They also argue that the JIC did not comply with Rule Six, dealing with notice and investigations. Specifically, Moore’s defenders allege that someone at the JIC released information to the media prior to suspending the Chief Justice.
Finally the group of eight jurists claim that, “The severity of the punishment for the Chief Justice’s administrative speech in this particular case calls for modification by the appellate court lest judges misperceive that their judgement and the expression of that legal judgement must comport with a particular political and religious viewpoint, even when they state a valid, though arguable point of law.”
Judges Tim Riley, T. Lee Carter, John Bentley, Mark Hammitte, Ashley McKathan, Jerry Stokes, Rusty Johnston, and Frank L. McGuire, III all signed the amicus curiae. The group are represented by Winthrop E. Johnson.
The fourth brief was filed by attorney Richard Lawrence, who argues that the U.S. Supreme Court did not have subject matter jurisdiction to decide Obergefell v. Hodges and that the jurisdictional question needed to be addressed. The brief argued that the Chief Justice’s Administrative Order merely recognized that the Alabama Supreme Court could have addressed this issue, which he believes was an open question at the time of the Administrative Order.
Chief Justice Moore is being represented by Liberty Counsel. Liberty Counsel Founder and Chairman, Mat Staver, said, “These four amicus briefs continue to validate the trumped-up charges against Chief Justice Roy Moore. Chief Justice did nothing wrong and should be reinstated immediately so he can serve the people who elected him.”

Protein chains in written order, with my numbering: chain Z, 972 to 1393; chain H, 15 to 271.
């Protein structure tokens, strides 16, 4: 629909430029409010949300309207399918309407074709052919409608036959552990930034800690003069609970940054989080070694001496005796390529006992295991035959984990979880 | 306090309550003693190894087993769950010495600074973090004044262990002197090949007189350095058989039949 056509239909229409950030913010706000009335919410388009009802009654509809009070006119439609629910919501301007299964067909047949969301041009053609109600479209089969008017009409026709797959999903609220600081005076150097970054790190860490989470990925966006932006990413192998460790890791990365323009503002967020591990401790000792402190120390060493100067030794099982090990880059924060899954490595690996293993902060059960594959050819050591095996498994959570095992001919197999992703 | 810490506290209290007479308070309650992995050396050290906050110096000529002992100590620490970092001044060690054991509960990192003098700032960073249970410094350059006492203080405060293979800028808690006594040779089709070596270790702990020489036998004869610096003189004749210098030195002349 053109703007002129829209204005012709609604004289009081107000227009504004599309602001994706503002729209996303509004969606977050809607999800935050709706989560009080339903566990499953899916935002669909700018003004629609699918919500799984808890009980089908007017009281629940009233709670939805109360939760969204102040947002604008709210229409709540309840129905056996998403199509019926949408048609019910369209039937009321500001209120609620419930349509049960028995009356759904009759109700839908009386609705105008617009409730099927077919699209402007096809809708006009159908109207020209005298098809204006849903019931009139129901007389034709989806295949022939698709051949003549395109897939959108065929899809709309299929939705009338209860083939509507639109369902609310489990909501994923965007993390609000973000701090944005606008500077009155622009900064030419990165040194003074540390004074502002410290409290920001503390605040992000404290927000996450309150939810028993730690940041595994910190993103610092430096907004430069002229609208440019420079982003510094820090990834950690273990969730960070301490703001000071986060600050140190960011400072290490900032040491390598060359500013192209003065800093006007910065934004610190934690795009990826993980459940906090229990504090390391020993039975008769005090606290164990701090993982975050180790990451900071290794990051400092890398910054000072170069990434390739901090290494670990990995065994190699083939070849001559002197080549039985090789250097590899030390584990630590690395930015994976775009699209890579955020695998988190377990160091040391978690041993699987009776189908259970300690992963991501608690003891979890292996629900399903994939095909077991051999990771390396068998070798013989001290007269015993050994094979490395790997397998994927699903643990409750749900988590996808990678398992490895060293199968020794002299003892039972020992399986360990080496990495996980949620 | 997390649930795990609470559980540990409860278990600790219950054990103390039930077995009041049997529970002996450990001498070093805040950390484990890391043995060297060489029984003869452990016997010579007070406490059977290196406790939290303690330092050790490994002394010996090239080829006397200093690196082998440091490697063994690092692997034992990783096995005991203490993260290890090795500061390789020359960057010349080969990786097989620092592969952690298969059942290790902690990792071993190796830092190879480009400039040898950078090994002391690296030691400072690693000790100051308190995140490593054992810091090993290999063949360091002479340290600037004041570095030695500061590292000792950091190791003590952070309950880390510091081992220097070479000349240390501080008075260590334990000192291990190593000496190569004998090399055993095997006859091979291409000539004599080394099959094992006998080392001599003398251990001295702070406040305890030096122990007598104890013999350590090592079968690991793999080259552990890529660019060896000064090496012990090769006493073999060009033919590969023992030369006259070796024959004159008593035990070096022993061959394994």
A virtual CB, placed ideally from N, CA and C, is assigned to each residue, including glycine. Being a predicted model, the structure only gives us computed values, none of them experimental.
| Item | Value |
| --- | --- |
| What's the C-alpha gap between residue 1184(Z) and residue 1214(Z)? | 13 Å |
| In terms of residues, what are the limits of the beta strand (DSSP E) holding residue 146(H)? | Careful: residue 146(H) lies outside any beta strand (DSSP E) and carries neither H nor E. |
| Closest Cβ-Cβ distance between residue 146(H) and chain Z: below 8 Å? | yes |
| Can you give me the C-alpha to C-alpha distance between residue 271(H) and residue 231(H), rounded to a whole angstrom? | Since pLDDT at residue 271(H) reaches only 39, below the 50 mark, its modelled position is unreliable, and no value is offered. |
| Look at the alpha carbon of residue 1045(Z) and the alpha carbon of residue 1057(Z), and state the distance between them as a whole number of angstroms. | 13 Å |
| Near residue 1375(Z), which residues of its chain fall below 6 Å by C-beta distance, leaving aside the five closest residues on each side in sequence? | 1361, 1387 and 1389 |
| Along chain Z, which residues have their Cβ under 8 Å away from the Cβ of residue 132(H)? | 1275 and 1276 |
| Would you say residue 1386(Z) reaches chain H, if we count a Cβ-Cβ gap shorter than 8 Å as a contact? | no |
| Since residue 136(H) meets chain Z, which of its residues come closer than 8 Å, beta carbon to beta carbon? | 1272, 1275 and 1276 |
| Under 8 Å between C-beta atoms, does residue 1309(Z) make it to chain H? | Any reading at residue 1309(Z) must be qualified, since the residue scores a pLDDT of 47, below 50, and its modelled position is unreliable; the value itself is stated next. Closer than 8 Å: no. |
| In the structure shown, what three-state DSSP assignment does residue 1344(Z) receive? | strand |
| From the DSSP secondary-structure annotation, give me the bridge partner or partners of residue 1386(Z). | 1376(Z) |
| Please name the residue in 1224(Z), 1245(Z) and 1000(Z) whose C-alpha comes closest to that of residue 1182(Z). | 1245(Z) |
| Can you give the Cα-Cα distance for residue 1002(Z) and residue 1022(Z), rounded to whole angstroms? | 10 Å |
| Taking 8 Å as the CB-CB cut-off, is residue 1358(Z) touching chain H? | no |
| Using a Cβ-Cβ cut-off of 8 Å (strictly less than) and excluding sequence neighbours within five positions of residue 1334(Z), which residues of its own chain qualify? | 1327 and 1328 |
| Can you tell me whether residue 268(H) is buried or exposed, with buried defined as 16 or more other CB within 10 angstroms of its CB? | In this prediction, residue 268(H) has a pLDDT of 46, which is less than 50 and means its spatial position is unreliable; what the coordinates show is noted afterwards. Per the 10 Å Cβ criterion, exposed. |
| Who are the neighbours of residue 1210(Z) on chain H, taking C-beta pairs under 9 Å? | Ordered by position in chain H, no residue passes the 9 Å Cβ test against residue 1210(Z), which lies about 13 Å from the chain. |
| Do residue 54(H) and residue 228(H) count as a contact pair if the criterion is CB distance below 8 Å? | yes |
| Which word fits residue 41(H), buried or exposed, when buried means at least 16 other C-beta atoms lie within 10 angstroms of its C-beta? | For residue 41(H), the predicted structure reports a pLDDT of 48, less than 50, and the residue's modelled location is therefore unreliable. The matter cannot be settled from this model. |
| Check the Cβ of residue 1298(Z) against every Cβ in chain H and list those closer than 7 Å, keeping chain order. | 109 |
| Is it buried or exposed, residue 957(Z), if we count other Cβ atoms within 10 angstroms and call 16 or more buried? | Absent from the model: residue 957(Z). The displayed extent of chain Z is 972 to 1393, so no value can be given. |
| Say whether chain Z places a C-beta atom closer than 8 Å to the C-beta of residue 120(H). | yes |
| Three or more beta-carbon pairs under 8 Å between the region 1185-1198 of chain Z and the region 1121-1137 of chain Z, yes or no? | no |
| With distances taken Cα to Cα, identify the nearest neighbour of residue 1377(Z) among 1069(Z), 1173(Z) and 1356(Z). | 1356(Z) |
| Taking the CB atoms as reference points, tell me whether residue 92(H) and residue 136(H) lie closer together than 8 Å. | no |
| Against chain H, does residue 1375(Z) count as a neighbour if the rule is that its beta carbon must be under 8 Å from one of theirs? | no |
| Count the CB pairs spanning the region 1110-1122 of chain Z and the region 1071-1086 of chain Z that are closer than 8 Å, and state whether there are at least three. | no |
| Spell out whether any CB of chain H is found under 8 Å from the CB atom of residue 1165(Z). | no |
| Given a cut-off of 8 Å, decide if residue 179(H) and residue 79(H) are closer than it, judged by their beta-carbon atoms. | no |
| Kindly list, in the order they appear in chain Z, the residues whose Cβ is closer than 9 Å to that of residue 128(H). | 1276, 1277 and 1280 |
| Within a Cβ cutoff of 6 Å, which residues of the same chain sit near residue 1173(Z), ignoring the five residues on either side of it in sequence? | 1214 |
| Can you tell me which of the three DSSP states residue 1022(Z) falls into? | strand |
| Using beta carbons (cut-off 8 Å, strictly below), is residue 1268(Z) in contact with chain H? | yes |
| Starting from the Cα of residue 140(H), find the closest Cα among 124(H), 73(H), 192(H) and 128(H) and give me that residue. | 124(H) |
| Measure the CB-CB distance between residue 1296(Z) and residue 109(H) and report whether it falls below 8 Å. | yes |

The JIC’s handling of this case has been widely criticized and a number of Republican legislators have proposed legislation to change how the Alabama Judicial Inquiry Commission operates and limit its powers.
Meanwhile Chief Justice Roy Moore was one of several people interviewed by Alabama Governor Robert Bentley (R) for a possible appointment to the US Senate, if Senator Jeff Sessions is confirmed as the next US Attorney General. Moore received the highest amount of support for the position from the 500 plus members of the Alabama Republican Executive Committee.
Alabama Attorney General Luther Strange (R) has already announced his intention to run for the US Senate seat in the special election. If Moore and Strange are both running in the special election for Senate, and if Gov. Bentley sets it in the Gubernatorial election in 2018, that potentially could remove both of the two top polling Republican candidates for Governor in 2018.
Other candidates mulling a possible GOP gubernatorial run are: Senate Pro Tem. Del Marsh (R-Anniston), Alabama Commissioner of Agriculture and Industries John McMillan (R), state Auditor Jim Zeigler, and Jefferson County Commissioner David Carrington (R). Alabama House Minority Leader Craig Ford (D-Gadsden) is reportedly also considering a run for Governor. Marriage equality activist Bruce Countryman has already announced that he is running for Governor. Marijuana activist Ron Crumpton has announced that he is running for US Senate.